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Some COVID-19 Vaccine Rules Take Effect Jan. 10

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Starting on Jan. 10, companies with 100 or more employees must have identified the status of workers' vaccinations.


While the Supreme Court will hear arguments related to the Biden Administration's COVID-19 vaccine mandate on Jan. 7, the Occupational Safety and Health Administration (OSHA) is preparing to begin enforcing some parts of the rule just three days later. Employers with at least 100 workers need to pay attention to the details, which could change.

The mandate was first unveiled by the White House in November, but court challenges have so far delayed its full implementation. The Tire Industry Association (TIA) has an update of where things stand.

It's important to know there's not a clear timeline of when the Supreme Court might issue a ruling after it hears arguments.

OSHA plans to enforce these pieces starting Jan. 10:

  • Covered (employers with 100 or more employees) must have identified - and keep record of - employee vaccinations statuses.
  • Covered employers must provide employees with up to four hours of paid leave to receive each dose of the COVID vaccine and reasonable paid time off to recover from any side effects that the employee may experience from each dose of the vaccine.
  • Covered employers must implement and communicate written COVID safety protocols that include provisions: (i) requiring employers to provide notice if they are diagnosed with or test positive for COVID-19, (ii) removing employees who are diagnosed with or test positive for COVID-19 from the workplace until certain criteria are met, and (iii) requiring unvaccinated employees to wear face coverings when they are indoors or sharing a vehicle for work (with certain exceptions permitted).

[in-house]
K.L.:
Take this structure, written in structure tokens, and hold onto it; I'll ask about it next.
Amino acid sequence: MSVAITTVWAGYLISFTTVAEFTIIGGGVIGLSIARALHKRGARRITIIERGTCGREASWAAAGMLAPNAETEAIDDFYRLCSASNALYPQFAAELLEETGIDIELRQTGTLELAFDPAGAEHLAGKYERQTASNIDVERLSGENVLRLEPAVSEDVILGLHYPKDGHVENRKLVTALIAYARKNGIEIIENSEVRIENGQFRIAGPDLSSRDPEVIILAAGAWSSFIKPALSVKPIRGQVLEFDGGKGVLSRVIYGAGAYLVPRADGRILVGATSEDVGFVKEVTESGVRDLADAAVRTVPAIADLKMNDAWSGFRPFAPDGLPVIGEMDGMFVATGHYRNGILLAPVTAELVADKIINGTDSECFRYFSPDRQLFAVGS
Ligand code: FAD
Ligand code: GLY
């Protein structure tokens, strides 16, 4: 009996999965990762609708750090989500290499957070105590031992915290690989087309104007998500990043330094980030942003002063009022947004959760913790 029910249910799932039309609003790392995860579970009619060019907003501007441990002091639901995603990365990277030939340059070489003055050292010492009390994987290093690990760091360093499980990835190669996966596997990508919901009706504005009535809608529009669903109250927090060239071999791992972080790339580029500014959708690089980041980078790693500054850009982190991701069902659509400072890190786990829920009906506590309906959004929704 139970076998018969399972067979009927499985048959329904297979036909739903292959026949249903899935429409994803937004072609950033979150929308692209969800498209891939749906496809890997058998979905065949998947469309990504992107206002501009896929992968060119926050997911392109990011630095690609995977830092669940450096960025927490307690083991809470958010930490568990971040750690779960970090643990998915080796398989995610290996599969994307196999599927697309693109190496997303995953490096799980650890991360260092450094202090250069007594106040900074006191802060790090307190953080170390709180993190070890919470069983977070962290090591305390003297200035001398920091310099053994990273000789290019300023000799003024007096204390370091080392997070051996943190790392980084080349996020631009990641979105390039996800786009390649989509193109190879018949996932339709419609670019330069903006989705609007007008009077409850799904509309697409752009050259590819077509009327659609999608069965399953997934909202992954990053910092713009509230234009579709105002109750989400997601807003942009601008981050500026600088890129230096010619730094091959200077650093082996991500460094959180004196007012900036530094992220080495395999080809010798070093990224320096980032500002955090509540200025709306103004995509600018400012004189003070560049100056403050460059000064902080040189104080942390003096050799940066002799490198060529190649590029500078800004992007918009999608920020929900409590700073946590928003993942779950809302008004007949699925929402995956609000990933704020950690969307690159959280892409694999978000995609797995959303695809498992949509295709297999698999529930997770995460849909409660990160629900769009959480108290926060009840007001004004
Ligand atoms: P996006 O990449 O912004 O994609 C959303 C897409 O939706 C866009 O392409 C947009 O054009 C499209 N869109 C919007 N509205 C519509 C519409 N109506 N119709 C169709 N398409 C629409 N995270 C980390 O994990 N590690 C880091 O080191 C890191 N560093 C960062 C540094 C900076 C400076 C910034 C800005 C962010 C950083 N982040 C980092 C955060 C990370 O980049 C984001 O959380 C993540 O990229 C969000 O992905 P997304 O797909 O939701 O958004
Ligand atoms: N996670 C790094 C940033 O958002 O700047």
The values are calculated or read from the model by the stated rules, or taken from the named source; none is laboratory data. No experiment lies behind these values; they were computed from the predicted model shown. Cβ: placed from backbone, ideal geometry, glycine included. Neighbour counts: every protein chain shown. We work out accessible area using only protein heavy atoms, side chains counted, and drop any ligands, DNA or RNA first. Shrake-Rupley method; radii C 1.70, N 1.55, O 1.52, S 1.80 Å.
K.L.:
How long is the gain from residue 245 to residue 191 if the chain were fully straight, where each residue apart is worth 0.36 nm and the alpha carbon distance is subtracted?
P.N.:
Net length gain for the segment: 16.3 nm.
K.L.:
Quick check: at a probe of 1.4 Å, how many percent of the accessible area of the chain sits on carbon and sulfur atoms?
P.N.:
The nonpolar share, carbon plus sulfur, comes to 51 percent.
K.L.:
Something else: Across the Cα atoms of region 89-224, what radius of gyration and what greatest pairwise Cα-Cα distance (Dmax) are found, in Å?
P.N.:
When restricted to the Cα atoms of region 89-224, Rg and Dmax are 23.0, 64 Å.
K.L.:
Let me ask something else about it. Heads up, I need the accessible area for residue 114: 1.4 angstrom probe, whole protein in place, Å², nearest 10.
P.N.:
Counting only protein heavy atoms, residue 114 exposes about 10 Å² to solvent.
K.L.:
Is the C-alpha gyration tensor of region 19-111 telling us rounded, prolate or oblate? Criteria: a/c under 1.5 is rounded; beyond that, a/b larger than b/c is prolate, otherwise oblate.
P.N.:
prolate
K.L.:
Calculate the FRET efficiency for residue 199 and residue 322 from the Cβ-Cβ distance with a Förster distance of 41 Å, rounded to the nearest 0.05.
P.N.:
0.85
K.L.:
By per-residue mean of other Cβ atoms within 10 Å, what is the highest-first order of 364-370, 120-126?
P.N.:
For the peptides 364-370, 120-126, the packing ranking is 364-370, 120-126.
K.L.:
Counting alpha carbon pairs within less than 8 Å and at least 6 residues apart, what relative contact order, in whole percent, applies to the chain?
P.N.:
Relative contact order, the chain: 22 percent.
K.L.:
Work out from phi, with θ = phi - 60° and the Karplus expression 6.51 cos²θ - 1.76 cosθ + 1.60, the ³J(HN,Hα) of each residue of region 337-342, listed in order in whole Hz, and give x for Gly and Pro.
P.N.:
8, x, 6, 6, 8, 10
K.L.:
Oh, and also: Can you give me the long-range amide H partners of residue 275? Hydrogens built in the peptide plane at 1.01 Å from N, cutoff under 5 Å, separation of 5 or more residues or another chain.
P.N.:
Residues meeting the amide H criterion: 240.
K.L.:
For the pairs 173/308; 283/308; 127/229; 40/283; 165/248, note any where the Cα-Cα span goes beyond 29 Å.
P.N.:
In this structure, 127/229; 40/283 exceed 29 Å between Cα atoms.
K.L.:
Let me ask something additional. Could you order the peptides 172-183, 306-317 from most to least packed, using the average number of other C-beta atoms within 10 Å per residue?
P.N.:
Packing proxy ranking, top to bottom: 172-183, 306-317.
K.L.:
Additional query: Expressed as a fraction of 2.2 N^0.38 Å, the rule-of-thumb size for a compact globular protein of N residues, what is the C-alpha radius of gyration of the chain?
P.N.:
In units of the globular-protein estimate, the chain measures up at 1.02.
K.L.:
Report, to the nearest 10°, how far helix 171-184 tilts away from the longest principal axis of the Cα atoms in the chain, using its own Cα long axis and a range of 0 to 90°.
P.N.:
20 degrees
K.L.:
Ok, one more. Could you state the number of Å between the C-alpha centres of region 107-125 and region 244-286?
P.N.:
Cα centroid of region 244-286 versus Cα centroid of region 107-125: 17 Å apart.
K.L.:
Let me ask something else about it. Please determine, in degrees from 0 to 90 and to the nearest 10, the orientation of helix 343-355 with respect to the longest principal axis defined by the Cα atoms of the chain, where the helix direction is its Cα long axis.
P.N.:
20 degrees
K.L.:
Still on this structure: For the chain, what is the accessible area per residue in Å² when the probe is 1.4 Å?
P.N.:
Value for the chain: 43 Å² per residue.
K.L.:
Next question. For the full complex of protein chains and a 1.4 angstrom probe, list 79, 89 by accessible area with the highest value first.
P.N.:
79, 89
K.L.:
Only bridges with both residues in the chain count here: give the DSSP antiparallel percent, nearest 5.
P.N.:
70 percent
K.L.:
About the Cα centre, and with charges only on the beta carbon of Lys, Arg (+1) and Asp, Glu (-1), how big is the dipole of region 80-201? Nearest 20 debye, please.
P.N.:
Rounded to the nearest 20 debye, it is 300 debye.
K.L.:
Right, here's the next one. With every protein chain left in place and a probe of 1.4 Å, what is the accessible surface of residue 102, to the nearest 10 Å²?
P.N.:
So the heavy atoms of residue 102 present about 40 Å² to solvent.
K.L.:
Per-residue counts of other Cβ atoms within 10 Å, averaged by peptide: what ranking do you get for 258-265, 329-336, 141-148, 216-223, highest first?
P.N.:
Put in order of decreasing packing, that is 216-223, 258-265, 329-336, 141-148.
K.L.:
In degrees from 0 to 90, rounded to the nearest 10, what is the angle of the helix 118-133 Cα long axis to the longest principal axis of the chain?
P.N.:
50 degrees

• Covered employers must report work-related COVID fatalities or hospitalizations to OSHA.

TIA suggest employers prepare for three possible outcomes:

  1. The Supreme Court issues a decision on or before January 10 upholding the (Emergency Temporary Standard) ETS and the OSHA proceeds with enforcement of the ETS.
  2. The Supreme Court issues a decision on or before January 10 striking down the ETS or staying the ETS pending a decision.
  3. The Supreme Court doesn’t decide the case or stay the ETS by January 10 and OSHA proceeds with enforcement of the ETS.

From TIA:

"Businesses with 100 or more employees need to be prepared that, unless the Supreme Court rules otherwise, the provisions of the ETS will go into effect on Jan. 10 and Feb. 9 and OSHA will begin issuing penalties for non-compliance on those dates. 

"While the vaccine and testing provisions have gotten the most attention, as outlined above, the ETS also has a wide range of other requirements that are set to go into effect on Jan. 10. Items such as developing and issuing compliant policies and determining all employees’ vaccination statuses will take time and planning. Covered businesses that elect to wait to see what happens with the Supreme Court before taking steps towards compliance may find themselves in a scramble or unable to get themselves into full compliance if enforcement begins on Jan. 10 as OSHA has planned.

"The legal issues that the Supreme Court will be considering in this case are nuanced and deal with questions of administrative law and rulemaking authority. Businesses that are assuming that the ETS will be struck down - or that the Court will have ruled on the case by Jan. 10 - are perhaps taking an unnecessary risk. Rather than waiting for the Supreme Court’s decision, businesses may want to begin to take steps now to prepare so that they can be in full compliance by Jan. 10 if the ETS goes forward on that date."

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